i want the 8800
YES- as soon as it becomes available
no- 8800 is my next stop
no- Happy with what I got now
I am not emotionally ready to make that decision yet
YES iPhone 2nd generation- let the work the bugs out first
I don't know about the rest of you guys but I'm gonna stand tall and strong with my BERRY. If I get that phone I might as well downgrade to a SIDEKICK3.like someone else said that phone is aimed at the kids. WOW!!! I get to listen to music and watch movies. If anyone on this site crosses over, I wish for all of the bad things in mobile techknowlogy happen to you and no body else but you!!!!
i want the 8800
Im keeping my 8703e.
I figure that by the time im eligible for an upgrade the 9xxx series BB will be out. I I refuse to pay $600 for the i, or pay full price for the 8800 w/ verizon.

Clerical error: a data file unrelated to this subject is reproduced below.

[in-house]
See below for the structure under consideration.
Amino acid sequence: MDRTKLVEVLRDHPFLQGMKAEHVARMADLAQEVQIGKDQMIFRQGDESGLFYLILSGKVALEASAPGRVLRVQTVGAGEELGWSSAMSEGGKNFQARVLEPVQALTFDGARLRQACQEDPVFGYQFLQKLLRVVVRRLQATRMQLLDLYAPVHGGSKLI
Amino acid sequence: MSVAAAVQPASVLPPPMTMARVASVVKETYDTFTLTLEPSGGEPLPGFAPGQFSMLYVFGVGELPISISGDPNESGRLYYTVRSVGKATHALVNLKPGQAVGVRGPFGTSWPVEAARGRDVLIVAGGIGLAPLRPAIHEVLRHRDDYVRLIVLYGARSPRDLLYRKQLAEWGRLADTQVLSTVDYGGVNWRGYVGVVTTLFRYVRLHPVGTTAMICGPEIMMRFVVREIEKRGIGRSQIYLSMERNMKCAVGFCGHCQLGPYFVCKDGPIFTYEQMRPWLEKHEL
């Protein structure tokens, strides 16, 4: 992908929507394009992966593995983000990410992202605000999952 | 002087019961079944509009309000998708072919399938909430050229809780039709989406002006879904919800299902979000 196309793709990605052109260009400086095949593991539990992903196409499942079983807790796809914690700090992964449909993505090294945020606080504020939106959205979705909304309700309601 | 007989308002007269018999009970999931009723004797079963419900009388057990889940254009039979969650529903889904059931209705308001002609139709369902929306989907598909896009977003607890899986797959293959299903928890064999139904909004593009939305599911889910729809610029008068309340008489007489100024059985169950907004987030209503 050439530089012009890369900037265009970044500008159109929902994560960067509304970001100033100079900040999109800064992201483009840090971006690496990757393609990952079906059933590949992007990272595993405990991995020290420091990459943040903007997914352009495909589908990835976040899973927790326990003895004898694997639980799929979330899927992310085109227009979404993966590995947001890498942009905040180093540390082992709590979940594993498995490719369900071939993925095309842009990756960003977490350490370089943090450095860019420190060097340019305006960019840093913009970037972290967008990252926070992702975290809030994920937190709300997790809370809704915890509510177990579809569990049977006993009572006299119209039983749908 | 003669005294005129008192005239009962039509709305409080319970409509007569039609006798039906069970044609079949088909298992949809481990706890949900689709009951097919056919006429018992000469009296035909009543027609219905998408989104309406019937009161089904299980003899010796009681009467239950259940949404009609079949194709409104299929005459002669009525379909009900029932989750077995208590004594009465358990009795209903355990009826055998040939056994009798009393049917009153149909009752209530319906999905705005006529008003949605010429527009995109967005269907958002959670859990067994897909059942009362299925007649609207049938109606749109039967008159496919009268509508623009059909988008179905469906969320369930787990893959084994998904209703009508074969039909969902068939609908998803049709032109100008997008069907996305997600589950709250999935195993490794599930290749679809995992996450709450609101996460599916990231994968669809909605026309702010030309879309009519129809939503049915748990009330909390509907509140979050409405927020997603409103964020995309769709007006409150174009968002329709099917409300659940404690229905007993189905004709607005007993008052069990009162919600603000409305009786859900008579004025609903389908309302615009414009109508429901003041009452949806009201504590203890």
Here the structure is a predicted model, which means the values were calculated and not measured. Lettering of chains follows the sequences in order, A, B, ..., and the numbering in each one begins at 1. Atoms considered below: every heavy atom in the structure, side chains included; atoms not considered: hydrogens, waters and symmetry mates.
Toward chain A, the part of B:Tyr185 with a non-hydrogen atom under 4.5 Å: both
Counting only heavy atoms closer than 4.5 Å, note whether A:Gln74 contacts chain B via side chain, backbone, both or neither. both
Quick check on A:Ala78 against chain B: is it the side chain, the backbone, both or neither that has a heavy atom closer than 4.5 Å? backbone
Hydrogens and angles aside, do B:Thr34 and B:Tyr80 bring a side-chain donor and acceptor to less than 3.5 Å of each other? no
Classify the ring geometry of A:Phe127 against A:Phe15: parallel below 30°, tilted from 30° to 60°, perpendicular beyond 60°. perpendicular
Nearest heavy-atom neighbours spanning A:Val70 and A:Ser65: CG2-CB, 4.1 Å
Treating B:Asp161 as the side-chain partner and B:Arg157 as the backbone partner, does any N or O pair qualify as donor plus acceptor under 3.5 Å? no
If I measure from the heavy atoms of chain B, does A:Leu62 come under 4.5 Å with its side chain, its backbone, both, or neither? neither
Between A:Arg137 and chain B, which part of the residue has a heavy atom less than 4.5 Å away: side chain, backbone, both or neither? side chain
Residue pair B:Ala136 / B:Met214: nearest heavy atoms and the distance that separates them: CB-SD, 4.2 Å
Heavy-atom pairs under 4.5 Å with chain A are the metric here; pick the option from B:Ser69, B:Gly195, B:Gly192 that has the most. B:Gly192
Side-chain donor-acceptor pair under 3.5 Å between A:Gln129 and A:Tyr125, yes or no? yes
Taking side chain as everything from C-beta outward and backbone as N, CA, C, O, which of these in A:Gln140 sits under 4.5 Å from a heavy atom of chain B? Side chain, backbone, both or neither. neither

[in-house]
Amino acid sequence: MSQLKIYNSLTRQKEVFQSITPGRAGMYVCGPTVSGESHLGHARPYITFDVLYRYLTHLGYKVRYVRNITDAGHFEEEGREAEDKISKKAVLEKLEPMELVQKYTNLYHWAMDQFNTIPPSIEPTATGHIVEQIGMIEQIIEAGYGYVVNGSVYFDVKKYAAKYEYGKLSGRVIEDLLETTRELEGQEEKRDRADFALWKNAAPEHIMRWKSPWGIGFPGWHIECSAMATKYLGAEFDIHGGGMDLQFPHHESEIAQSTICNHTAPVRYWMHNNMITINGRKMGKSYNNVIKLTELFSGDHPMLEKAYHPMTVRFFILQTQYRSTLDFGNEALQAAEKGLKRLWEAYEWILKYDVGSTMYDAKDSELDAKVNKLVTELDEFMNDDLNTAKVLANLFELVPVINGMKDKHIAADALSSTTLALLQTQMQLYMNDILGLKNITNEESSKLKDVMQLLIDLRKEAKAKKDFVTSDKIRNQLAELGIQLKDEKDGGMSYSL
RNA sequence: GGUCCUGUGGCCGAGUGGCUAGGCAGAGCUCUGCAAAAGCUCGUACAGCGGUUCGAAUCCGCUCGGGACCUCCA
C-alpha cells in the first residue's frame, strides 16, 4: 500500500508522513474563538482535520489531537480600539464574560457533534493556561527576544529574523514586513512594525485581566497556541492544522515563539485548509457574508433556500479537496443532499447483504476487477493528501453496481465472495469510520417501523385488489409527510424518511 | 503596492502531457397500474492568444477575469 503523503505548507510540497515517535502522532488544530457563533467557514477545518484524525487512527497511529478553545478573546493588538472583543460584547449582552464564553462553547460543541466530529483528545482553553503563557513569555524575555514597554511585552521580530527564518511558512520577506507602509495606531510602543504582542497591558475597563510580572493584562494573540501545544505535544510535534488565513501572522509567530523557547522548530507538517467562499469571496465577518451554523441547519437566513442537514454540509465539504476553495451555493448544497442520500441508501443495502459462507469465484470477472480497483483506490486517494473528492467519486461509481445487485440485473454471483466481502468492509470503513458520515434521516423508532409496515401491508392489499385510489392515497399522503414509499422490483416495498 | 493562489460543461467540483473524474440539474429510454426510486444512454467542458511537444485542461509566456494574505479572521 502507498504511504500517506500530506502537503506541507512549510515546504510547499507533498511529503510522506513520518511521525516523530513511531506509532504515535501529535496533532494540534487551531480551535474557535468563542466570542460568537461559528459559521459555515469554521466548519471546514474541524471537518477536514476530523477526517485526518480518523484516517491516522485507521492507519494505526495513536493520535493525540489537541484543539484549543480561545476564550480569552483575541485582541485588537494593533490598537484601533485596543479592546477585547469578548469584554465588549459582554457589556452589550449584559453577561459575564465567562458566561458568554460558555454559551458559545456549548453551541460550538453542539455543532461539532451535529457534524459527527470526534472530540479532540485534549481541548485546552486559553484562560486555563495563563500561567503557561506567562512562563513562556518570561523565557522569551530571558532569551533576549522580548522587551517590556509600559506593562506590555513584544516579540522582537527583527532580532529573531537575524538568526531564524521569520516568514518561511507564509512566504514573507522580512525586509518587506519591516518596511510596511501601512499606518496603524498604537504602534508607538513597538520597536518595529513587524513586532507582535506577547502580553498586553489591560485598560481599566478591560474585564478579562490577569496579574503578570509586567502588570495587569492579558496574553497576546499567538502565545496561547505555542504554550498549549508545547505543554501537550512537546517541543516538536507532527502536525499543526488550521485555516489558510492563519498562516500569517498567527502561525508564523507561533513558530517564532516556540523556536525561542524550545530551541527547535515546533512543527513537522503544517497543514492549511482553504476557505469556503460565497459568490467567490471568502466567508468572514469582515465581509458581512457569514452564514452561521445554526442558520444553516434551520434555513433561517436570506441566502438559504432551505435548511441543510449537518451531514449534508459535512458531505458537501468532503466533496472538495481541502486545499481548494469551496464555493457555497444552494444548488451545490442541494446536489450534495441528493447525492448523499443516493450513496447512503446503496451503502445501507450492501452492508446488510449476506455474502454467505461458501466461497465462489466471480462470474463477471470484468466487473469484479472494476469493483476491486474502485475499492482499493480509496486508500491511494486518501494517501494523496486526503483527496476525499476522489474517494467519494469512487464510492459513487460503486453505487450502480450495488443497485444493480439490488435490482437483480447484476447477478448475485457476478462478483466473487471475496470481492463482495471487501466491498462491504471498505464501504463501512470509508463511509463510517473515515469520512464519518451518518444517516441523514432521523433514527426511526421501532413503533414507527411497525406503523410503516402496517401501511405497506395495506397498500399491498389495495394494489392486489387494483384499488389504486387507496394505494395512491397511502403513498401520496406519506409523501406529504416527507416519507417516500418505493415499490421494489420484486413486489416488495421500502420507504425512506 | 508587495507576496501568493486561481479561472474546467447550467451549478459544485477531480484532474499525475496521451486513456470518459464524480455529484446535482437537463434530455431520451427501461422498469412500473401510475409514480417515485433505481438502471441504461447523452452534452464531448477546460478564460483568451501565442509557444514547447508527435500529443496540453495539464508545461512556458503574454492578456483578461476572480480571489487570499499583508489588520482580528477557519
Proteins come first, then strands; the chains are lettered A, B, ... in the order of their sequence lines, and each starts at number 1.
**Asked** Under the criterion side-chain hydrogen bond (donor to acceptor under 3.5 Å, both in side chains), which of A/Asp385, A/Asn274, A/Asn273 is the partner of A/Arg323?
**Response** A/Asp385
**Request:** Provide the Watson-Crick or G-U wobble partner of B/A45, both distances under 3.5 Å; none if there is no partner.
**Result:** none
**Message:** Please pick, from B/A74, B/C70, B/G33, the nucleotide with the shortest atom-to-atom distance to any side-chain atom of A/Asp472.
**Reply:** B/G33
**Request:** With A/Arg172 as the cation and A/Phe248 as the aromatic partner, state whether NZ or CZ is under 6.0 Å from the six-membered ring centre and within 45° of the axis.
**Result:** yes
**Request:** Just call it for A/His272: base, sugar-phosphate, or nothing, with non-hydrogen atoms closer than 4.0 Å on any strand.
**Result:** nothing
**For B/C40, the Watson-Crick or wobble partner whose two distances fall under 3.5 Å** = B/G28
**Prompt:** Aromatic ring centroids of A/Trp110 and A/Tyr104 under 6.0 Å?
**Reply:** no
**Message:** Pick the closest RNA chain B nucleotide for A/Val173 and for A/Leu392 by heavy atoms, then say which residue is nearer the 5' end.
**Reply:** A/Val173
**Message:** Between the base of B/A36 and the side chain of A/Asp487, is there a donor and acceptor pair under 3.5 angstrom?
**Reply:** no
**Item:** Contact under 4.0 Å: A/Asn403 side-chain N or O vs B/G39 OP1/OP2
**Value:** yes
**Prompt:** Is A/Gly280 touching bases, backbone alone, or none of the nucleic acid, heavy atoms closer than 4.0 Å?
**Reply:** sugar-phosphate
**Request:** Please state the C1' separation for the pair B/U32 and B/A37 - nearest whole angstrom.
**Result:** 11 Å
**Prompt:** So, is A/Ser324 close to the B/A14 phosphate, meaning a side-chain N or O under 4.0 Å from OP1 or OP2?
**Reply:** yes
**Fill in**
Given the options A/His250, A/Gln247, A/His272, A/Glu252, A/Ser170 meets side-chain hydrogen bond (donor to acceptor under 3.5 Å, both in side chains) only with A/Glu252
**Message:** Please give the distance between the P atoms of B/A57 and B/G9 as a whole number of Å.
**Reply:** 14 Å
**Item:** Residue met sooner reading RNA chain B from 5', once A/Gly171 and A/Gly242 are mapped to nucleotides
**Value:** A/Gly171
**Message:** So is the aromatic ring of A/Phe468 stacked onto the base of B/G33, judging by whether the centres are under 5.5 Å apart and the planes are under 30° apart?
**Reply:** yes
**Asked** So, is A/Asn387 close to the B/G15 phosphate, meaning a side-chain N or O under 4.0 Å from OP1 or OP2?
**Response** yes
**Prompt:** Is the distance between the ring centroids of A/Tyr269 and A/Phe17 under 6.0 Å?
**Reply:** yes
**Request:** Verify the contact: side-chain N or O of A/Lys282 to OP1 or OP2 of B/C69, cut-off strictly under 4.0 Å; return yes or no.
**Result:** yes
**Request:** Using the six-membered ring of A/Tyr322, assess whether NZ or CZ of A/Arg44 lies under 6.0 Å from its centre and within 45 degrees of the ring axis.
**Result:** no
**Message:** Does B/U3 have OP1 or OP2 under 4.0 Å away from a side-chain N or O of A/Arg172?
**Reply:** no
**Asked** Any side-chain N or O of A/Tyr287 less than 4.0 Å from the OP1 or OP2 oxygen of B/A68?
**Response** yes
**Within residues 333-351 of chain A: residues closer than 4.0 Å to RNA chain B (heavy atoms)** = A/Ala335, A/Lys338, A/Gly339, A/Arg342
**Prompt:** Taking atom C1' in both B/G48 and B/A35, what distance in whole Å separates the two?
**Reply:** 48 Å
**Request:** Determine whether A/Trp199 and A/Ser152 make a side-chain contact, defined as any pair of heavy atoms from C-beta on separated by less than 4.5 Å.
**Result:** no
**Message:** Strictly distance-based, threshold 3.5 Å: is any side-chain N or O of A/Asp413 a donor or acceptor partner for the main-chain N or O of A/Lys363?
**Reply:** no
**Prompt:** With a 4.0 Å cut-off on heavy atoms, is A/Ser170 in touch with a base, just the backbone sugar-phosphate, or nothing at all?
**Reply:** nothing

For $600 PS3 > iPhone
Ahh, Man! I just bought new 8700g few days ago. 8700 series, It's not meaning the end of the world because 8800 and Iphone will be relase soon.. I'm not gonna getting upgrade ones. I am going to stick to it without regrets..I am actual satisfity with my Blackberry 8700g I have every momnet!!!
I own an 8700g and love it...its rock solid, but if the iPhone is even half of what is written and demo'd these days, I may make a move to easy synching, music, high-end browsing, visual email, Wi-fi, etc.Originally Posted by XBGM3R
Here is a pre-review from a very non-apple source at infosync.com. They are of the mind it will likely even get better before the release. I have a friend who works at Apple and there is much talk around there about advertising less, and then delivering more in June.
It won't arrive for another six months, yet the iPhone is the talk of the wireless town. Check out our initial -- albeit hands-off -- impressions of this EDGE-enabled, 8GB touch-screen beauty.